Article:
13.6 Coated fabrics
13.6.1 Plasticizer types
13.6.2 Plasticizer concentration
13.6.3 Reasons for plasticizer use
13.6.4 Advantages and disadvantages of plasticizers use
13.6.5 Effect of plasticizers on product properties
13.6.6 Examples of formulations
13.7 Cosmetics
13.7.1 Plasticizer types
13.7.2 Plasticizer concentration
13.7.3 Reasons for plasticizer use
13.7.4 Advantages and disadvantages of plasticizers use
13.7.6 Examples of formulations
13.8 Dental materials
13.8.1 Plasticizer types
13.8.2 Plasticizer concentration
13.8.3 Reasons for plasticizer use
13.8.4 Advantages and disadvantages of plasticizers use
13.9 Electrical and electronics
13.9.1 Plasticizer types
13.9.2 Plasticizer concentration
13.9.3 Reasons for plasticizer use
13.9.4 Advantages and disadvantages of plasticizers use
13.10 Fibers
13.10.1 Plasticizer types
13.10.2 Plasticizer concentration
13.10.3 Reasons for plasticizer use
13.11 Film
13.11.1 Plasticizer types
13.11.2 Plasticizer concentration
13.11.3 Reasons for plasticizer use
13.11.4 Advantages and disadvantages of plasticizers use
13.12 Food
13.12.1 Plasticizer types
13.12.2 Plasticizer concentration
13.12.3 Reasons for plasticizer use
13.12.4 Advantages and disadvantages of plasticizers use
13.12.5 Effect of plasticizers on product properties
13.13 Flooring
13.13.1 Plasticizer types
13.13.2 Plasticizer concentration
13.13.3 Reasons for plasticizer use
13.13.4 Advantages and disadvantages of plasticizers use
13.13.5 Examples of formulations
13.14 Foams
13.14.1 Plasticizer types
13.14.2 Plasticizer concentration
13.14.3 Reasons for plasticizer use
13.14.4 Advantages and disadvantages of plasticizers use
13.14.5 Examples of formulations
13.15 Footwear
13.15.1 Plasticizer types
13.15.2 Plasticizer concentration
13.15.3 Reasons for plasticizer use
13.15.4 Advantages and disadvantages of plasticizers use
13.16 Gaskets
13.16.1 Plasticizer types
13.16.2 Plasticizer concentration
13.16.3 Reasons for plasticizer use
13.16.4 Advantages and disadvantages of plasticizers use
13.16.5 Examples of formulations
13.17 Inks, varnishes, and lacquers
13.17.1 Plasticizer types
13.17.2 Plasticizer concentration
13.17.3 Reasons for plasticizer use
13.17.4 Advantages and disadvantages of plasticizers use
13.17.5 Examples of formulations
13.18 Medical applications
13.18.1 Plasticizer types
13.18.2 Plasticizer concentration
13.18.3 Reasons for plasticizer use
13.18.4 Advantages and disadvantages of plasticizers use
13.18.5 Effect of plasticizers on product properties
13.18.6 Examples of formulations
13.19 Membranes
13.19.1 Plasticizer types
13.19.2 Plasticizer concentration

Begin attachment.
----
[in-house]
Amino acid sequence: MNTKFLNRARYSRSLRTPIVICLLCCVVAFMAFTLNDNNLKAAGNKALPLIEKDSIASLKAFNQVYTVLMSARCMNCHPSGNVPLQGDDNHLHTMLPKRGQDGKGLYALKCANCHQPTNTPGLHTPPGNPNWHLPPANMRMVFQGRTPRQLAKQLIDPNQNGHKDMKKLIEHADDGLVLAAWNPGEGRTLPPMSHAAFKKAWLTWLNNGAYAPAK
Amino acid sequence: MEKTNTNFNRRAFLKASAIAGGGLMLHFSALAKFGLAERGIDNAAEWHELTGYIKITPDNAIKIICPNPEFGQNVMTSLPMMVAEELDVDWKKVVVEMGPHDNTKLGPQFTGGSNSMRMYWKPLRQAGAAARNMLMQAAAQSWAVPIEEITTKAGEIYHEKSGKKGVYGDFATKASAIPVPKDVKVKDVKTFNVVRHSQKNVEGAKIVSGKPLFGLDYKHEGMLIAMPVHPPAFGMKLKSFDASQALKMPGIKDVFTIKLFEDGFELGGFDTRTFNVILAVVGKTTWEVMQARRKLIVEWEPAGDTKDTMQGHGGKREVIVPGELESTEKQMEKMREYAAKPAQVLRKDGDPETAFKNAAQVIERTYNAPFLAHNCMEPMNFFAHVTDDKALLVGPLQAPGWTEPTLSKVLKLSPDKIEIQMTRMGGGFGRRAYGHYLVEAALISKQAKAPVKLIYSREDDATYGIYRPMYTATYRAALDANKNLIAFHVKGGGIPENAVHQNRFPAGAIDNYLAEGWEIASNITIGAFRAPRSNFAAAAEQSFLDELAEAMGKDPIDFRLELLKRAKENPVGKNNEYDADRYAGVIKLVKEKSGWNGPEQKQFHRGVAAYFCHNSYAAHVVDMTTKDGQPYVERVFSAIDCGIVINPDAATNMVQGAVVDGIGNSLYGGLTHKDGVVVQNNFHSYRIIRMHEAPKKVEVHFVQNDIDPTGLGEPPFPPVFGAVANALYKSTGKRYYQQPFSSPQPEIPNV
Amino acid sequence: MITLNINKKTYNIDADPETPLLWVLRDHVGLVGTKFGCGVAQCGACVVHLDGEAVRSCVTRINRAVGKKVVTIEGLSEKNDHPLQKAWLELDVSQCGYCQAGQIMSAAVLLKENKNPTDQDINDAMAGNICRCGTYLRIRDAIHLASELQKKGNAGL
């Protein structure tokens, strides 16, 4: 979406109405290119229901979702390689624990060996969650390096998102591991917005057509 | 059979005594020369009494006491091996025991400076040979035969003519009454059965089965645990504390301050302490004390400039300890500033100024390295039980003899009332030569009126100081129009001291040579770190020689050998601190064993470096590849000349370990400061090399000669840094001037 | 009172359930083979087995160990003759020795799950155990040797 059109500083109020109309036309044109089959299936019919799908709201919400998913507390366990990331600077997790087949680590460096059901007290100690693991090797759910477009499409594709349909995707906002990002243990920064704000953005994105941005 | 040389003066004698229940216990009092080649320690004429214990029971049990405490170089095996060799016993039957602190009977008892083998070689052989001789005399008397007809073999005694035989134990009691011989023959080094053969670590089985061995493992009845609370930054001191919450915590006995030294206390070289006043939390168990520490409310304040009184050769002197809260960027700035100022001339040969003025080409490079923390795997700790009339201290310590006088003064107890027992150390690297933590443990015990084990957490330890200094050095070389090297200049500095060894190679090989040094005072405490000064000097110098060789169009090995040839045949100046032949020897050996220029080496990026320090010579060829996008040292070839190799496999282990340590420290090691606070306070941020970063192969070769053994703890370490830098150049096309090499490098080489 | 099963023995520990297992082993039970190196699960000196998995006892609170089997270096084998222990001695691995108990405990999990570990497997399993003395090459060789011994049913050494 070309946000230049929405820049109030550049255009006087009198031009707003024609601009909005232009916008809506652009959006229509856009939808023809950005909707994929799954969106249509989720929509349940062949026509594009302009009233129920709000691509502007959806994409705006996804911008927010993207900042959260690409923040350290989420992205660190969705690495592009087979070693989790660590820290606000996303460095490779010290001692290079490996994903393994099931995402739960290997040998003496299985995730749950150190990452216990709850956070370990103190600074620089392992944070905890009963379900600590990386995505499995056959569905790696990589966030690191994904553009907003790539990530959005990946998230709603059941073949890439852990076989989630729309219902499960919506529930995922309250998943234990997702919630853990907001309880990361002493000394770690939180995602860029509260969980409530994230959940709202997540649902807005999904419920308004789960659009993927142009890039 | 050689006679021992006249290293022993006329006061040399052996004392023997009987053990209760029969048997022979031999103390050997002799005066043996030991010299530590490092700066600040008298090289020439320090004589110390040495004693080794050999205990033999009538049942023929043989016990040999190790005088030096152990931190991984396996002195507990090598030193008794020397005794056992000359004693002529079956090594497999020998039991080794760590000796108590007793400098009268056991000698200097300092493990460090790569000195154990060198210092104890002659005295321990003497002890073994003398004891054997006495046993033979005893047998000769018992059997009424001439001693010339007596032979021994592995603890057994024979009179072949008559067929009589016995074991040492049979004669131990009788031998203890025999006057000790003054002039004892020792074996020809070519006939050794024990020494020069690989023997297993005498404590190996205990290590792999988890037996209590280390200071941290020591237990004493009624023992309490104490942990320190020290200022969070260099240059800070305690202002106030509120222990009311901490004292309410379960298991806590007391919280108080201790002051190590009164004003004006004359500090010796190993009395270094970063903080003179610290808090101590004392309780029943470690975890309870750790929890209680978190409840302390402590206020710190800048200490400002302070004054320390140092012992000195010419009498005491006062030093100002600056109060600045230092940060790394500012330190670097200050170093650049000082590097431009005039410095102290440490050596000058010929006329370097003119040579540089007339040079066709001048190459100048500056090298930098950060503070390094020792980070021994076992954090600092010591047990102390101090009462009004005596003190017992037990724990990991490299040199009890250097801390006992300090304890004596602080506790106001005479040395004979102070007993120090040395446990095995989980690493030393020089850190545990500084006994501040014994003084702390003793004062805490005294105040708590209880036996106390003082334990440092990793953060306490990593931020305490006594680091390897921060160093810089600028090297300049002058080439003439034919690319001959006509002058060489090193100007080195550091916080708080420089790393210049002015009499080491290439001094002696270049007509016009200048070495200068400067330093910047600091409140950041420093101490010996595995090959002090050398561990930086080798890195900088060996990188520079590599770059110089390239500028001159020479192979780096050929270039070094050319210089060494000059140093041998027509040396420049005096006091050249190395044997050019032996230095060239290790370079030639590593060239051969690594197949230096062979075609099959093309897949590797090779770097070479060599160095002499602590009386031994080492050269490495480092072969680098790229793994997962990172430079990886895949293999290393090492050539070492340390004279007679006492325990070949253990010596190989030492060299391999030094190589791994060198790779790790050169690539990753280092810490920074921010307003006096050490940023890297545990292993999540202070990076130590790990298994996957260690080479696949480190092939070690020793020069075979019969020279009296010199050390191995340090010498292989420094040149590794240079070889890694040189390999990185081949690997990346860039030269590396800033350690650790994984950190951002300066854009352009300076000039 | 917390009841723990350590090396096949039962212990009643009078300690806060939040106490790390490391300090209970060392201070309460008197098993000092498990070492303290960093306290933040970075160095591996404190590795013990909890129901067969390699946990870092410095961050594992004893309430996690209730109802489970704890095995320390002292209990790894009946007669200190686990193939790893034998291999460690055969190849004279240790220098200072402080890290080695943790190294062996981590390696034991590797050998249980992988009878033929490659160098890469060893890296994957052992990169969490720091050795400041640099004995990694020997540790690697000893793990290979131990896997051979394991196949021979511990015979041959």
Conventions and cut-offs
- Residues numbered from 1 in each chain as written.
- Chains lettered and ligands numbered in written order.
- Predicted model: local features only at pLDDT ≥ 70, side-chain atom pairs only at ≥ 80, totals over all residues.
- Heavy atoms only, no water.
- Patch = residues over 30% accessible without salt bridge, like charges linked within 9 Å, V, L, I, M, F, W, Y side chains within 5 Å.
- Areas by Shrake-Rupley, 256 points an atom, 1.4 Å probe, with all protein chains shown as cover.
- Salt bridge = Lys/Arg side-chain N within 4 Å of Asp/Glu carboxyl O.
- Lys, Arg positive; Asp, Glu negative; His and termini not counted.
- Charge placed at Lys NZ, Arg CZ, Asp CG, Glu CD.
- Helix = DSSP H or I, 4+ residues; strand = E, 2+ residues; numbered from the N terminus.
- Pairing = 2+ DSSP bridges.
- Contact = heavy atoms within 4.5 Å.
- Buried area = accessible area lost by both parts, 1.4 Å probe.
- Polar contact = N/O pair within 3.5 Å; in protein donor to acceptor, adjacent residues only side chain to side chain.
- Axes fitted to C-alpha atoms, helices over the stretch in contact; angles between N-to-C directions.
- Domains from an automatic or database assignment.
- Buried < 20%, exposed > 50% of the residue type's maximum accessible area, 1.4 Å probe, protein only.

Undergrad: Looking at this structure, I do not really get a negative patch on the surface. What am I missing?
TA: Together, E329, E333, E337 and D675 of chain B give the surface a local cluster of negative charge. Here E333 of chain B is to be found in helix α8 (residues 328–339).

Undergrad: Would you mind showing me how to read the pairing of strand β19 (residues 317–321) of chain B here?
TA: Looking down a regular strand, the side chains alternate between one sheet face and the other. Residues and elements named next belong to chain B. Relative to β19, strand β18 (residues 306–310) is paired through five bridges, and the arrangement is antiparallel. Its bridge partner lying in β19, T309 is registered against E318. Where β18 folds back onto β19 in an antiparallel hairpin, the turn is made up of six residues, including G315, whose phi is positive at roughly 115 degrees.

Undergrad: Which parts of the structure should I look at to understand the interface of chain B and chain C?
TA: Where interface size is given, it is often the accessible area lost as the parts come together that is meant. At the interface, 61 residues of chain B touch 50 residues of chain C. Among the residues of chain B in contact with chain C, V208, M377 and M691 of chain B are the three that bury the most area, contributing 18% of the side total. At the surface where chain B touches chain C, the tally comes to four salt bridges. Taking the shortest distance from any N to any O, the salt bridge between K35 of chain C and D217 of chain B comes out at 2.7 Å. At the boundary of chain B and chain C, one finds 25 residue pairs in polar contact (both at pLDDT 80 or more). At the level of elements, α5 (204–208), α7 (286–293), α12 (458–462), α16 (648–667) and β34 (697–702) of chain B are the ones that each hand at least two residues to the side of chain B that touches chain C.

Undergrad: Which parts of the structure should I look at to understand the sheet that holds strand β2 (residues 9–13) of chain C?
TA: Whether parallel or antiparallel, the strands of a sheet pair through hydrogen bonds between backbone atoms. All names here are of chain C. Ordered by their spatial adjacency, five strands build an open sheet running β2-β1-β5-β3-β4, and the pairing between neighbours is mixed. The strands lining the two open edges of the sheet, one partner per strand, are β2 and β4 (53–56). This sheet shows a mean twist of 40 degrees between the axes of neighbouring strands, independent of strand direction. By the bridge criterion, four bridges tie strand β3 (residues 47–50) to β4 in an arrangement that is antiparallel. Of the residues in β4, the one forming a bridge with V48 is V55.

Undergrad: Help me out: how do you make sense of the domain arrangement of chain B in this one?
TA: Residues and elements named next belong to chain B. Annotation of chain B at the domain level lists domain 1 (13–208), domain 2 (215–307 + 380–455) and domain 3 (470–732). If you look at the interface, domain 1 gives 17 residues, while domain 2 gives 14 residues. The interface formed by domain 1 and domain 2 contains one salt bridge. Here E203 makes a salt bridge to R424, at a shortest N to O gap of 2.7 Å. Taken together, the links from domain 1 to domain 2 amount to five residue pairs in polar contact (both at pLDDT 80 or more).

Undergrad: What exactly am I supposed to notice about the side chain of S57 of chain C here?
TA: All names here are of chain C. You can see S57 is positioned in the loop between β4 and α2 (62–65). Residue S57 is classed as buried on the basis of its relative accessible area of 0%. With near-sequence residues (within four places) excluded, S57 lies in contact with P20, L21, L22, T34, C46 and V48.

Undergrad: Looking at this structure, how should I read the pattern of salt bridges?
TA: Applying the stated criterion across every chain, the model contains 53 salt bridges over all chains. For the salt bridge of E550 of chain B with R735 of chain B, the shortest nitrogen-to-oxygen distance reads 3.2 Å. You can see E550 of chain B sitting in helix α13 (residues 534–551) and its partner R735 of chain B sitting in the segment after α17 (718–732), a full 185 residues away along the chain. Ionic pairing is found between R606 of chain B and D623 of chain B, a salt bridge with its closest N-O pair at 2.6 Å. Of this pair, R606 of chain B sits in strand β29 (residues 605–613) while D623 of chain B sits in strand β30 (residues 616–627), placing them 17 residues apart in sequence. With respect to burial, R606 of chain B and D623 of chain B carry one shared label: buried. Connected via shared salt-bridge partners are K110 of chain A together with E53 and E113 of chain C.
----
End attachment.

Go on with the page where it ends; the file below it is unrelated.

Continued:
13.19.3 Reasons for plasticizer use
13.19.4 Advantages and disadvantages of plasticizers use
13.20 Paints and coatings
13.20.1 Plasticizer types
13.20.2 Plasticizer concentration
13.20.3 Reasons for plasticizer use
13.20.4 Advantages and disadvantages of plasticizers use
13.20.5 Examples of formulations
13.21 Pharmaceutical products
13.21.1 Plasticizer types
13.21.2 Plasticizer concentration
13.21.3 Reasons for plasticizer use
13.21.4 Advantages and disadvantages of plasticizers use
13.21.5 Effect of plasticizers on product properties
13.21.6 Examples of formulations
13.22 Photographic materials
13.22.1 Plasticizer types
13.22.2 Plasticizer concentration
13.22.3 Reasons for plasticizer use
13.23 Pipes
13.23.1 Plasticizer types
13.23.2 Plasticizer concentration
13.23.3 Reasons for plasticizer use
13.23.4 Advantages and disadvantages of plasticizers use
13.23.5 Effect of plasticizers on product properties
13.23.6 Examples of formulations
13.24 Roofing materials
13.24.1 Plasticizer types
13.24.2 Plasticizer concentration
13.24.3 Reasons for plasticizer use
13.24.4 Advantages and disadvantages of plasticizers use
13.24.5 Examples of formulations
13.25 Tires
13.25.1 Plasticizer types
13.25.2 Plasticizer concentration
13.25.3 Reasons for plasticizer use
13.25.4 Advantages and disadvantages of plasticizers use
13.25.5 Examples of formulations
13.26 Toys
A. Marcilla and J.C. García
Chemical Engineering Department, Alicante University, Spain
13.26.1 Migration of plasticizers
13.26.2 Substitutes to phthalates
13.27 Tubing
13.27.1 Plasticizer types
13.27.2 Plasticizer concentration
13.27.3 Reasons for plasticizer use
13.27.4 Advantages and disadvantages of plasticizers use
13.27.5 Examples of formulations
13.28 Wire and cable
13.28.1 Plasticizer types
13.28.2 Plasticizer concentration
13.28.3 Reasons for plasticizer use
13.28.4 Advantages and disadvantages of plasticizers use
13.28.5 Effect of plasticizers on product properties
13.28.6 Examples of formulations
References

14 Plasticizers in various processing methods
14.1 Blow molding
14.2 Calendering
14.3 Coil coating
14.4 Compression molding
14.5 Compounding (mixing)
14.6 Dip coating
14.7 Dry blending
14.8 Extrusion
14.9 Injection molding
14.10 Polymer synthesis
14.11 Powder molding
14.12 Rotational molding
M. Beltran and A Marcilla
Chemical Engineering Department, Alicante University, Spain
14.13 Rubber processing
14.14 Thermoforming
14.15 Vacuum molding
14.16 Web coating
14.17 Wire coating
References

15 Specialized Analytical Methods in Plasticizer Testing
15.1 Plasticizer identification
15.2 Methods of determination of plasticizer concentration
15.3 Determination of volatility, molecular motion, diffusion, and migration of
plasticizers
15.4 Methods of study of plasticized materials
References